No, its not a premise for a Borat Christmas Special, but an idea that gained some validity after the BBC’s investigative reporters began interviewing some Kyrgyz citizens back in 2007. Santa Claus, but not as we know him?
By: Vanessa Uy
Back in December 22, 2007, the BBC ran a feature news story about how Santa Claus might be from Kyrgizstan(sometimes spelled as Khyrghizstan). The BBC investigative were following the trail of facts, hunches, and other “credible evidences” – like academic studies on old Khyrghiz folk tales – suggesting that Santa Claus – the man behind the generosity of gift-giving during Christmas – is from Kyrgyzstan. If the facts uncovered by their investigation really merits further study, then what’s the problem?
During the airing of that BBC investigative news feature story / news segment back in 2007, the whole Western World was still reeling from the “diplomatic embarrassment” created by the movie Borat – a “Gonzo Journalism” influenced film starring Sacha Baron Cohen which pokes fun at the country of Kazakhstan. The runaway success of Borat capitalized on the Western World’s – or the majority of her inhabitants’ – ignorance about former Soviet-block countries like Kazakhstan. Confusing Kyrgyzstan with Kazakhstan, the West probably viewed the idea that Santa Claus having Khyrgyz origins simply as an April Fool’s joke that came somewhat late – at Christmastime no less.
But that same BBC news feature did create a new cultural phenomenon in our local Sufi Muslim community. Since the concept of generosity is one of the ideals universally held in high esteem to the adherents of Abrahamic Theology, then an idea of a Kyrgyzstan-born Santa Claus is a good thing to them after all. Plus, given that our local Sufi community is probably the only one who appreciates the “artistically better” aspects of American Heavy Metal music, they probably assume that the idea of a Kyrgyz Santa Claus goes seamlessly with the Christmas Heavy Metal Band Trans-Siberian Express. Which is probably the only place where I live that the band has a very significant Southeast Asian fanbase. And besides, a Silk Road savvy Santa Claus really does explain away his somewhat over the top generosity when compared to the accepted generosity norms of Anglo-Saxon Protestants.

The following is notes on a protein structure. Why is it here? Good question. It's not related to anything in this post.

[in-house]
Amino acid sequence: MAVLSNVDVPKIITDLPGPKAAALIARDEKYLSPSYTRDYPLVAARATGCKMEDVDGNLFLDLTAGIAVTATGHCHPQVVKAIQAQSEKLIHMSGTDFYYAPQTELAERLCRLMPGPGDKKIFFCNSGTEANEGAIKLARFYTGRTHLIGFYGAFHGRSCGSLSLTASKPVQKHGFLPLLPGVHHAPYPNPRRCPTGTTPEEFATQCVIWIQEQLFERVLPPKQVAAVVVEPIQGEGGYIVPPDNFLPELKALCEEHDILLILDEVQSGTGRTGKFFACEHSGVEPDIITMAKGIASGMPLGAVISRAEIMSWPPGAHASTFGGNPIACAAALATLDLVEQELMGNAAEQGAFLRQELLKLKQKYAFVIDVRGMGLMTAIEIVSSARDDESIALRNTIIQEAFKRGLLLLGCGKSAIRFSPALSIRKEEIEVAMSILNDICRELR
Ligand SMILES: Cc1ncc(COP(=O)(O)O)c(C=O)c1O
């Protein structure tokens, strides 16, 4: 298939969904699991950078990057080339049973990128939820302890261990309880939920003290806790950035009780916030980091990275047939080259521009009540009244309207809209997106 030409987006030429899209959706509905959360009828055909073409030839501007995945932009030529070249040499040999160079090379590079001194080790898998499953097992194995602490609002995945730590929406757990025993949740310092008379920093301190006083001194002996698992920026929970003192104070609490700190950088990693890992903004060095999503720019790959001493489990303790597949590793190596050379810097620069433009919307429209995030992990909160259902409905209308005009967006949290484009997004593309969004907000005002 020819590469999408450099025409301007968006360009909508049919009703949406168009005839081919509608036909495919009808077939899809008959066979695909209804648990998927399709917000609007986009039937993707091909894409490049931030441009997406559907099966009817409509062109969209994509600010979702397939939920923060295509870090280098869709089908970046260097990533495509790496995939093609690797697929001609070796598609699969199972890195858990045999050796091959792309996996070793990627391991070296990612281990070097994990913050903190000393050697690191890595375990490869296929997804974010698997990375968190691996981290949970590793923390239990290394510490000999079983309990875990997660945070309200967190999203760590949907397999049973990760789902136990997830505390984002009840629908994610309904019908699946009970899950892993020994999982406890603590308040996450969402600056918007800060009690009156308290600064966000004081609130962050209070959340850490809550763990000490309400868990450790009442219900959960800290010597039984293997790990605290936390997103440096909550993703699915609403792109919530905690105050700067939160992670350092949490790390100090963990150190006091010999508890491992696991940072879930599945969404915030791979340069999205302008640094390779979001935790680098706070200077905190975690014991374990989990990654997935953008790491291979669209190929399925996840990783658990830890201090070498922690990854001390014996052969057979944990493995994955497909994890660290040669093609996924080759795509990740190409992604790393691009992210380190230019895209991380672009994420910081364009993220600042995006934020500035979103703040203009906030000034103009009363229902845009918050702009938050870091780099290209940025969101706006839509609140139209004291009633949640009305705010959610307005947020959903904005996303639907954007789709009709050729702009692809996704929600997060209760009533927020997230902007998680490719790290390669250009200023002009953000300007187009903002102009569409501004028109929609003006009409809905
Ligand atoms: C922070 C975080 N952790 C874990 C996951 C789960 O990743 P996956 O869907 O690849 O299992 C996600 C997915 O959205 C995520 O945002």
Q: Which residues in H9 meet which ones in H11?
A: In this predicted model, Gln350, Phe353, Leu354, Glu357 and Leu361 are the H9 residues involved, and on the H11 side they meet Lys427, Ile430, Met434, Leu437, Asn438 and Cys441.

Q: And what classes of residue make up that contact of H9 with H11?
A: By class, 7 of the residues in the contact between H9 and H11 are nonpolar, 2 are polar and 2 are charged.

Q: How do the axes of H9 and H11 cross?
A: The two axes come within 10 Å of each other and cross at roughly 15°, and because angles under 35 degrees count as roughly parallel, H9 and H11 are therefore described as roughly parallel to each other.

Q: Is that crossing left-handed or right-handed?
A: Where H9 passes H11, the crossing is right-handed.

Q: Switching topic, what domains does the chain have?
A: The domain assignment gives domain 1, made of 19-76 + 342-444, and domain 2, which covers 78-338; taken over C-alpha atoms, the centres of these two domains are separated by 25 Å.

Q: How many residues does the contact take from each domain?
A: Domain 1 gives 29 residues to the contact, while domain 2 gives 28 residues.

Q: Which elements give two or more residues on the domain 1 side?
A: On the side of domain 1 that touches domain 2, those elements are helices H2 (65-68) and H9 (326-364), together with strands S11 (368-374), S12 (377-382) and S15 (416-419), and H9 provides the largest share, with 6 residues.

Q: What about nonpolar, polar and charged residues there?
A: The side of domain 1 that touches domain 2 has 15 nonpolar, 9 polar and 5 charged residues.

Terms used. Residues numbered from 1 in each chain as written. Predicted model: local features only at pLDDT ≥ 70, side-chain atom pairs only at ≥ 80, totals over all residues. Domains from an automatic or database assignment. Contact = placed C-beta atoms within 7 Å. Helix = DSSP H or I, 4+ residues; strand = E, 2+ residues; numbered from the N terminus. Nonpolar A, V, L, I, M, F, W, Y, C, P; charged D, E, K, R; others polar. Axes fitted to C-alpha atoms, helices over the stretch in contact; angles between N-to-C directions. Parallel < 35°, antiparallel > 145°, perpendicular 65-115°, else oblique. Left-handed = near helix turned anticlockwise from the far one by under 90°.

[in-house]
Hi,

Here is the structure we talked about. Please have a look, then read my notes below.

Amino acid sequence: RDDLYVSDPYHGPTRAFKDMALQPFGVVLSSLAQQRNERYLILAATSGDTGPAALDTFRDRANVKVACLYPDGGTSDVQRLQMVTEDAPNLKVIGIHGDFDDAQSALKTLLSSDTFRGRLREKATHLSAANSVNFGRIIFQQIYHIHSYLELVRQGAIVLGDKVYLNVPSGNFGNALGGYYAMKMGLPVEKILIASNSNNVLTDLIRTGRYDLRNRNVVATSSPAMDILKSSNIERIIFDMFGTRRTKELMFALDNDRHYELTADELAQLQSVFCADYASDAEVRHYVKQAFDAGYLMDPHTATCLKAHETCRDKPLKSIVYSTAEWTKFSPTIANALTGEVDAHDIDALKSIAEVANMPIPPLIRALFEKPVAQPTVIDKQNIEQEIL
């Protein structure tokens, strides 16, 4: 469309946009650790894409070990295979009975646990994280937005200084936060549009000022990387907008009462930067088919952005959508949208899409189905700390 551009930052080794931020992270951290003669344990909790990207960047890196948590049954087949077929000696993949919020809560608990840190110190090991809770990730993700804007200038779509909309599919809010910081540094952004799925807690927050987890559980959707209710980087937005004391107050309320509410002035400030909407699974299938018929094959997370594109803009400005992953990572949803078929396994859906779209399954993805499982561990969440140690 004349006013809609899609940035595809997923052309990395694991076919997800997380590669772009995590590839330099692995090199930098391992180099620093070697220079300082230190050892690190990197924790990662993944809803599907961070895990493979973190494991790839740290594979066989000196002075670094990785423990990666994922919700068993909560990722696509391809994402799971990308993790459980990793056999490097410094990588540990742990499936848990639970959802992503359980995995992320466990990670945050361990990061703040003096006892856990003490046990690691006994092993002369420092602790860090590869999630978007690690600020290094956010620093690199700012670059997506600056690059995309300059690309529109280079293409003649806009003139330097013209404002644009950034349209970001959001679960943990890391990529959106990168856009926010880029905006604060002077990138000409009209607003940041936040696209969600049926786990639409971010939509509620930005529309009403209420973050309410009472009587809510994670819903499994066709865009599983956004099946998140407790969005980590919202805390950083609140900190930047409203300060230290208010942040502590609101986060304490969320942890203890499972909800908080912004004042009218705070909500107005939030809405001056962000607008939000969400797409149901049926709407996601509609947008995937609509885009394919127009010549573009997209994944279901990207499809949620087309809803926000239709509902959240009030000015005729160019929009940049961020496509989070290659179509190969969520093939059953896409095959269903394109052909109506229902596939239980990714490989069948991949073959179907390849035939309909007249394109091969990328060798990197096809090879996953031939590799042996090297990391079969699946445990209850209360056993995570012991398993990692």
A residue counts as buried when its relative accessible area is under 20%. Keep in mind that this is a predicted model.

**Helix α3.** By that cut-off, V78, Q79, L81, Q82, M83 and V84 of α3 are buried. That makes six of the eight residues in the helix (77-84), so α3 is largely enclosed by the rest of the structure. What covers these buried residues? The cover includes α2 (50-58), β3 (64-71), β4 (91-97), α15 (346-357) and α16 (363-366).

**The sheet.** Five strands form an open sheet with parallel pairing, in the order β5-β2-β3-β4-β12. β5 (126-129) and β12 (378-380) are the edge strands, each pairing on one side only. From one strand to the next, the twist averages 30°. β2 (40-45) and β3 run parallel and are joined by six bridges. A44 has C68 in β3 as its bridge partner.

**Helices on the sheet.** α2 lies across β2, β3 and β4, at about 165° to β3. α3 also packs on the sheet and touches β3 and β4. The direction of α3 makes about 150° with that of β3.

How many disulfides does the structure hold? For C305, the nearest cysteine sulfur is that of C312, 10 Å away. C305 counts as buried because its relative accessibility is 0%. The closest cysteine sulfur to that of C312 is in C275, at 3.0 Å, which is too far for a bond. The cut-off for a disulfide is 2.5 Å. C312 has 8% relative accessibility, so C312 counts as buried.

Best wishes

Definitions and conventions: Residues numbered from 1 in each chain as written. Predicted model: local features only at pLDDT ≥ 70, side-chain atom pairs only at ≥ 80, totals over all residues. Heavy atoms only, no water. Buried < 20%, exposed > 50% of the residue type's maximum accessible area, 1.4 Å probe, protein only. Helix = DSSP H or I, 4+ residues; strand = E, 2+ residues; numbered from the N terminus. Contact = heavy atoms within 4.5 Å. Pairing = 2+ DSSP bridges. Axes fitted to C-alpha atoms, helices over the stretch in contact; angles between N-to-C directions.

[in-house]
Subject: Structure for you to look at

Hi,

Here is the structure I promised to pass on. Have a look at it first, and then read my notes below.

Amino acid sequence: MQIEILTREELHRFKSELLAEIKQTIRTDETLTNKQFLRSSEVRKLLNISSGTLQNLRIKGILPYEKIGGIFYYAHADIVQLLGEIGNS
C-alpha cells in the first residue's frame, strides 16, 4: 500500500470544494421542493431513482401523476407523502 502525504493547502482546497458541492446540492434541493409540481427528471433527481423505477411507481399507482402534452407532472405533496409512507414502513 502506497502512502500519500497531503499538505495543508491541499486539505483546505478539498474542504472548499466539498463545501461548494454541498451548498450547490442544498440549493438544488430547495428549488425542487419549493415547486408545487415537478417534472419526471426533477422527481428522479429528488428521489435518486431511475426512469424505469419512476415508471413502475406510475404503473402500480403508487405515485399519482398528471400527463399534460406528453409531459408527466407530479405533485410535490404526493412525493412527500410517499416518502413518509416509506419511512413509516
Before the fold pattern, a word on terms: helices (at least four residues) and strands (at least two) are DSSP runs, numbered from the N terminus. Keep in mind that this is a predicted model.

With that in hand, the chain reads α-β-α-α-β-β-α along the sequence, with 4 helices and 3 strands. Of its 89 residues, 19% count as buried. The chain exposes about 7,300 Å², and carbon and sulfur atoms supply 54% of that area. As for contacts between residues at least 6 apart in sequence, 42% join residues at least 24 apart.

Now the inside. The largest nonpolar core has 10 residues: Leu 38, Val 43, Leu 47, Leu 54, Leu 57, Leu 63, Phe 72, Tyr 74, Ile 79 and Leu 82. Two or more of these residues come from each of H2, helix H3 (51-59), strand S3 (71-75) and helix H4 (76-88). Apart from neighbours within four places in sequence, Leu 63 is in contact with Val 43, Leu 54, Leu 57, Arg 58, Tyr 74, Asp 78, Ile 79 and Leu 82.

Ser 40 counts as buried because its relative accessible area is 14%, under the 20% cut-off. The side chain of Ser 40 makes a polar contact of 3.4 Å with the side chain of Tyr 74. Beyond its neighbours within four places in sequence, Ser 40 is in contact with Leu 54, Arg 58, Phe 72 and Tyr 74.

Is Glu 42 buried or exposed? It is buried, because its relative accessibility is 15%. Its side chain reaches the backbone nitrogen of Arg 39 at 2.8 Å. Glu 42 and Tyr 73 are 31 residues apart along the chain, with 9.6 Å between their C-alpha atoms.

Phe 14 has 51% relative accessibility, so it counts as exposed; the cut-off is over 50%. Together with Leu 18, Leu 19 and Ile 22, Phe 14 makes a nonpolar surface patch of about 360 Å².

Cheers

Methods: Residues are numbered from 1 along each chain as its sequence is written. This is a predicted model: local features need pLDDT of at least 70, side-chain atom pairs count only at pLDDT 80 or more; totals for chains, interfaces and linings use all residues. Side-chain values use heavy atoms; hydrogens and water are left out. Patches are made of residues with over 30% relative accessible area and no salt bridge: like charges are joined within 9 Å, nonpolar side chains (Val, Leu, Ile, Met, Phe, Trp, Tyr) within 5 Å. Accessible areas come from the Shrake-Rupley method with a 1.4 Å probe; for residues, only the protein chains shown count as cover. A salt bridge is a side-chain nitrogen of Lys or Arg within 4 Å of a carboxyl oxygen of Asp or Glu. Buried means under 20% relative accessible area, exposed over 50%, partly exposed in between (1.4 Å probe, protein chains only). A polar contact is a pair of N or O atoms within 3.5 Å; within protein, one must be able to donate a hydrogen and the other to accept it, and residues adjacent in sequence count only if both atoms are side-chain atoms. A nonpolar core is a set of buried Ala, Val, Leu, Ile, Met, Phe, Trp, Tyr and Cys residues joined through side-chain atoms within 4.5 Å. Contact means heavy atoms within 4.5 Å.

If the concept of a Kyrghyz Santa Claus ever becomes widely accepted all over the world, will this forever change the face of Christmas? Well, given that the Catholic Church is probably one of the staunchest critics against Santa Claus and his somewhat materialistic-leaning gift-giving role during the Christmas Season, this particular idea will probably be met with stiff ecclesiastical resistance. After being admonished first-hand by our local Catechism teacher for holding the view that Saint Nicholas is Santa Claus and knowing that those before me had met the same fate during the Reagan era / 1980’s, the Catholic Church will be one of Kyrgyz Santa’s staunchest critics.